James, however, seems to connect the need to anoint the sick with oil with the time when Jesus Christ was on the earth.  It was said of those who labored with Him, "And they were casting out many demons and were anointing with oil many sick people and healing them" (Mk 6:13).  Notice how the anointing was closely associated with the miraculous healing of the sick?  It is also significant that the anointing with oil was to be done in the name of the Lord.  It appears that God used the physical element of anointing to convey the healing, whereby restoring the sick believer.

The "prayer of faith" also looks back to the earthly ministry of Christ when our Lord promised those who proclaimed new revelation at that time, namely that the kingdom was at hand: "And all things you ask in prayer, believing, you will receive" (Matt 21:22).  Salvation and physical healing often went hand in hand during that time as James suggests when he says, "...and the prayer offered in faith will restore the one who is sick..."  The lame man at the gate of the temple was immediately healed when Peter took his hand.  He went into the temple with Peter and John, walking and leaping and praising God.  But as we read further in Acts we see that it was through faith in Jesus Christ that the man was healed.  In other words, he had trusted Christ and was restored as a result of his faith (Acts 3:16).  That's why Peter says, "...the faith which comes through Him has given him this perfect health in the presence of you all."

We must be very, very careful to remember that James was ministering during a time in which miracles were quite common (Acts 8:7, 9:34, 10:38, 28:8). What James records here does not apply to us now. (See also Supernatural Activity.)  James wanted his countrymen to know that, if they prayed in faith believing, God would answer their prayers and heal their sick.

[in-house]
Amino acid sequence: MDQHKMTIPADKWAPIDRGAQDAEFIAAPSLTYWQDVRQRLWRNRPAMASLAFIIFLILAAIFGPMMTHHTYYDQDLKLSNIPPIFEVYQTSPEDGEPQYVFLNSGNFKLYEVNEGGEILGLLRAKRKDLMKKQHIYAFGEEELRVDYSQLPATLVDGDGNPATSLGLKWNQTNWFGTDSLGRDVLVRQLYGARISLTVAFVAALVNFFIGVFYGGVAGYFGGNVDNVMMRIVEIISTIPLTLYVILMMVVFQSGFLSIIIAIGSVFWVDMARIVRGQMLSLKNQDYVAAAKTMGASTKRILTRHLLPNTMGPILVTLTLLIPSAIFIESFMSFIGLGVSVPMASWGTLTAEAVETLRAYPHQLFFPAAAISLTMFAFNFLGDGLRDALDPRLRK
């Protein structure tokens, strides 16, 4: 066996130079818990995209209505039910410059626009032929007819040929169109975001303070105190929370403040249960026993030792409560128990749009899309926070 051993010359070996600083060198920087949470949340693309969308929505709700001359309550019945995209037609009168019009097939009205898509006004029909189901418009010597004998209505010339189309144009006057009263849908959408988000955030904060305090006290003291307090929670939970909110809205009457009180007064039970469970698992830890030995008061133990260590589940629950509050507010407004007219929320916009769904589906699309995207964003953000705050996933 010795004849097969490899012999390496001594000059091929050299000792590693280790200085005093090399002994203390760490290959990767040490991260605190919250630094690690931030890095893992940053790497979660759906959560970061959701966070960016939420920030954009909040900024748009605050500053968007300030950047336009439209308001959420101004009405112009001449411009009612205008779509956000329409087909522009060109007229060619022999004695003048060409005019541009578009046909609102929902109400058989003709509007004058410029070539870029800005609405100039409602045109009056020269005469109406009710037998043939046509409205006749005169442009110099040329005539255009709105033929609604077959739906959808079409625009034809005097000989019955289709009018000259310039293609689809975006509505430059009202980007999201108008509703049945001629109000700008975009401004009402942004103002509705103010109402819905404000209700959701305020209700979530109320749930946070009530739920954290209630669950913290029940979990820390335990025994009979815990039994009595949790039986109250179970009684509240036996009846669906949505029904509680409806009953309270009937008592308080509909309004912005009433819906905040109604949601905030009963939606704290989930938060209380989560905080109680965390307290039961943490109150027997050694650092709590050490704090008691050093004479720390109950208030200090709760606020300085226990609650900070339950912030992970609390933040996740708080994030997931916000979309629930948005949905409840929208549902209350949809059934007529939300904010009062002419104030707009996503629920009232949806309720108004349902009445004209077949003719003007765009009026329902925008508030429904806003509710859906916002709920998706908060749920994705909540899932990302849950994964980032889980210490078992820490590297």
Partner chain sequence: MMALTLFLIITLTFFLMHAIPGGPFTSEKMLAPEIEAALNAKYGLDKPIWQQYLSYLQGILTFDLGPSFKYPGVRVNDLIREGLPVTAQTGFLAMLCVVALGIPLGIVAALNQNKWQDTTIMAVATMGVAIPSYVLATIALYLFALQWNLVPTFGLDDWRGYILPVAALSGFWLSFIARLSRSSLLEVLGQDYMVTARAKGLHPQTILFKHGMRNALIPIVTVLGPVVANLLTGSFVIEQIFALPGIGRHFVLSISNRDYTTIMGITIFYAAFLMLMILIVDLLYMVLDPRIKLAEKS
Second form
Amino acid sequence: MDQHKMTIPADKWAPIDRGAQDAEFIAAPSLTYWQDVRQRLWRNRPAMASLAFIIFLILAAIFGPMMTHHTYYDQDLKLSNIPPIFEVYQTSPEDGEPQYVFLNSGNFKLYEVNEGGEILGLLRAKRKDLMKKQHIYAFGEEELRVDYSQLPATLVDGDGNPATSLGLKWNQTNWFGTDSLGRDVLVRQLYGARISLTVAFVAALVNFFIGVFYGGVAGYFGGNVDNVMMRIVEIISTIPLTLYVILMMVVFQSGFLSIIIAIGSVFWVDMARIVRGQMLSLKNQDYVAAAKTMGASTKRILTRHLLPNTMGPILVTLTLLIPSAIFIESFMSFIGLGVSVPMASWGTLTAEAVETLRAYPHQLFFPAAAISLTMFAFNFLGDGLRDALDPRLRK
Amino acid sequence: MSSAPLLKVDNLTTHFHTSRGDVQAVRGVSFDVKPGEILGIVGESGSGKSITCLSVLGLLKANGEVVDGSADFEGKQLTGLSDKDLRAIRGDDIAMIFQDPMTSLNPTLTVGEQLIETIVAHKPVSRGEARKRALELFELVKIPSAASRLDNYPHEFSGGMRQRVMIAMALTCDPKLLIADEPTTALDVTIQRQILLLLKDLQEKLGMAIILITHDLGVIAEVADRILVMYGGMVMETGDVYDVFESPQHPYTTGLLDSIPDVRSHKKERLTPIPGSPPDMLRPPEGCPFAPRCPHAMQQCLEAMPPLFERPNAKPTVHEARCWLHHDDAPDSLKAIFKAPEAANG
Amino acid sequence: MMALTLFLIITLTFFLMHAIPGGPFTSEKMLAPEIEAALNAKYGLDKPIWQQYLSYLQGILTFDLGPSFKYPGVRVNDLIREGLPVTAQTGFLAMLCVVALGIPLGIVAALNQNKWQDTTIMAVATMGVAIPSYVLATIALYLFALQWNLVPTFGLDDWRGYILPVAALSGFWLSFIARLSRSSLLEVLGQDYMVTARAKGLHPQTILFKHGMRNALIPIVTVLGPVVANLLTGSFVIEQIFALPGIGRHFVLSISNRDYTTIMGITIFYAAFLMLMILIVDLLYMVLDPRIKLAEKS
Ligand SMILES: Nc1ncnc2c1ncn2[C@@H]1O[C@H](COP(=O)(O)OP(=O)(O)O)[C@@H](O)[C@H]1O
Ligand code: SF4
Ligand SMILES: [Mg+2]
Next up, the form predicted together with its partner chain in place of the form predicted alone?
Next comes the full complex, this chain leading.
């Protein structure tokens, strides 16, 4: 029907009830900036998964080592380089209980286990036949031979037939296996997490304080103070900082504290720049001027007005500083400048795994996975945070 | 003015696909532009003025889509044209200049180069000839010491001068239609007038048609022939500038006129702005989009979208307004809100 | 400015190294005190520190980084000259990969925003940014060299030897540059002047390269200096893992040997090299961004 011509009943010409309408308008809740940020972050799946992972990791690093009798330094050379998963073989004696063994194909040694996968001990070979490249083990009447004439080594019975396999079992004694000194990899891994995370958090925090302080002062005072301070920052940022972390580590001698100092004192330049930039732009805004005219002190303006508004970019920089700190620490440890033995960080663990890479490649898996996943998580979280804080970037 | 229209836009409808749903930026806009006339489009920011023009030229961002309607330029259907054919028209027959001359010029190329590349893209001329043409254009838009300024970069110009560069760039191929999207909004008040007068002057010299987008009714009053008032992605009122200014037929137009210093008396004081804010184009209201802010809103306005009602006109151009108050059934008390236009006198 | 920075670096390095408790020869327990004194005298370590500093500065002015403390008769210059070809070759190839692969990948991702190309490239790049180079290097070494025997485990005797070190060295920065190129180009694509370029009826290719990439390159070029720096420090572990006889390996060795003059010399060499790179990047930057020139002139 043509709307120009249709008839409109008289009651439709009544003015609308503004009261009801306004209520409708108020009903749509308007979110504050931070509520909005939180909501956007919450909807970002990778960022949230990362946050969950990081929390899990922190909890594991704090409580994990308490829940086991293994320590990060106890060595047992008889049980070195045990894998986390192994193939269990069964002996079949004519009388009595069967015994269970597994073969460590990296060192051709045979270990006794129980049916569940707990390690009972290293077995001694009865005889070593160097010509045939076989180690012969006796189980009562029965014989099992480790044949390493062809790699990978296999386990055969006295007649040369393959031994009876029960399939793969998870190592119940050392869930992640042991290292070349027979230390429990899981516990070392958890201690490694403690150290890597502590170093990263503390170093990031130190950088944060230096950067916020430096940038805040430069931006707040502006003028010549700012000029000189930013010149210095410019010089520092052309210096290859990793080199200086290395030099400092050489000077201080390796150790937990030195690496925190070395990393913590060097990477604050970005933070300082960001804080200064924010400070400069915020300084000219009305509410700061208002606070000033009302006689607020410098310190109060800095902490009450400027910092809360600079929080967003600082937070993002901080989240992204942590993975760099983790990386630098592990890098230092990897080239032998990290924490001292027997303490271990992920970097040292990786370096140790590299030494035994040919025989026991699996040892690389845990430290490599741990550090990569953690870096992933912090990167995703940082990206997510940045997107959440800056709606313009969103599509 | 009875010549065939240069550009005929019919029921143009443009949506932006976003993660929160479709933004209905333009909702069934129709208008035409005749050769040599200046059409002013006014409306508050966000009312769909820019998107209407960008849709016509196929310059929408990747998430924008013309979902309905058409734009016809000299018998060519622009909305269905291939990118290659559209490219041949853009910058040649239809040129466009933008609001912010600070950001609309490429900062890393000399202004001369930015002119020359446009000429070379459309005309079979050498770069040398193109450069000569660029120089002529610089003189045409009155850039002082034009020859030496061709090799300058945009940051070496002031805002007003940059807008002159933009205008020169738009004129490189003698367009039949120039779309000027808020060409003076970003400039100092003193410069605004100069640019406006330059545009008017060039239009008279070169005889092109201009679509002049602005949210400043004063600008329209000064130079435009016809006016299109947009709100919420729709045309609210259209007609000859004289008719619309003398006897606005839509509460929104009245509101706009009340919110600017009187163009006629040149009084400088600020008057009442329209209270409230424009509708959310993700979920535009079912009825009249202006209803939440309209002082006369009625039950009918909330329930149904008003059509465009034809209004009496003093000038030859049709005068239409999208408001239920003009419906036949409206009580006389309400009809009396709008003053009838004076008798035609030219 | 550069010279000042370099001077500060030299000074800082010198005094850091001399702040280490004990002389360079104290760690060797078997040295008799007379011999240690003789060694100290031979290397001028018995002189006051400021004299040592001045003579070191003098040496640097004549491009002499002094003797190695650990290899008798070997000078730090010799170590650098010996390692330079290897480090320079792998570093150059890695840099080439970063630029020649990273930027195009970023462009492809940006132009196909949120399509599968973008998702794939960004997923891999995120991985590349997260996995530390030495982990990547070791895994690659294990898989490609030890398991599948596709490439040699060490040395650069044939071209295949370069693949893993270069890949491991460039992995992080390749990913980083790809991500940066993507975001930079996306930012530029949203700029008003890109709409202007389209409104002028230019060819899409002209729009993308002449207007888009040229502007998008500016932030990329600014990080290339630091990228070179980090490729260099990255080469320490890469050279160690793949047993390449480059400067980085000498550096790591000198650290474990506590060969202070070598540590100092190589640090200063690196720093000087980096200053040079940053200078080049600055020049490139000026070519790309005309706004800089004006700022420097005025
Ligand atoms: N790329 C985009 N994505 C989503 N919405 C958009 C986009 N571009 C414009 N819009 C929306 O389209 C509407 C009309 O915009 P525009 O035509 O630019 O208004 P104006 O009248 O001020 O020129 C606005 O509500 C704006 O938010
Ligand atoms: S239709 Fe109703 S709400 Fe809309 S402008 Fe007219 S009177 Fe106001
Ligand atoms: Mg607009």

James goes on to tell them, "...and if he has committed sins, they will be forgiven him." Our bodies are prone to sickness and disease, and most sickness is due to the frailty of our flesh, not the result of personal sin.  But, there are times when that may be the case.  If someone is living a promiscuous lifestyle and contracts a venereal disease, that person is suffering the consequences of his sin.

In Jerusalem, by the sheep market, there was a pool called Bethesda.  A great number of sick people frequently gathered there, hoping to be healed.  From time to time an angel of the Lord would stir the waters of the pool and the first to step into the water after it was stirred was miraculously healed.*  Of course, many were unable to reach the water in time, such as the man who had been ill for 38 years.  But Jesus had compassion on that man and healed him, instructing him to take up his pallet and walk.  Later, when our Lord found the man worshipping in the temple, He told him: "Behold, you have become well; do not sin anymore, so that nothing worse happens to you" (See Jn 5:1-15).  It seems obvious that this man's sin had been the cause of his illness. 

The man who was sick with the palsy is another example of how sickness and sin were sometimes connected.  There were so many people pressing in to hear the Lord that the friends of this man lowered him through a hole in the roof so they could have an audience with the Lord.  When He saw their faith, he said to the man, "...your sins are forgiven you" (Lk 5:20).  And the Lord healed him.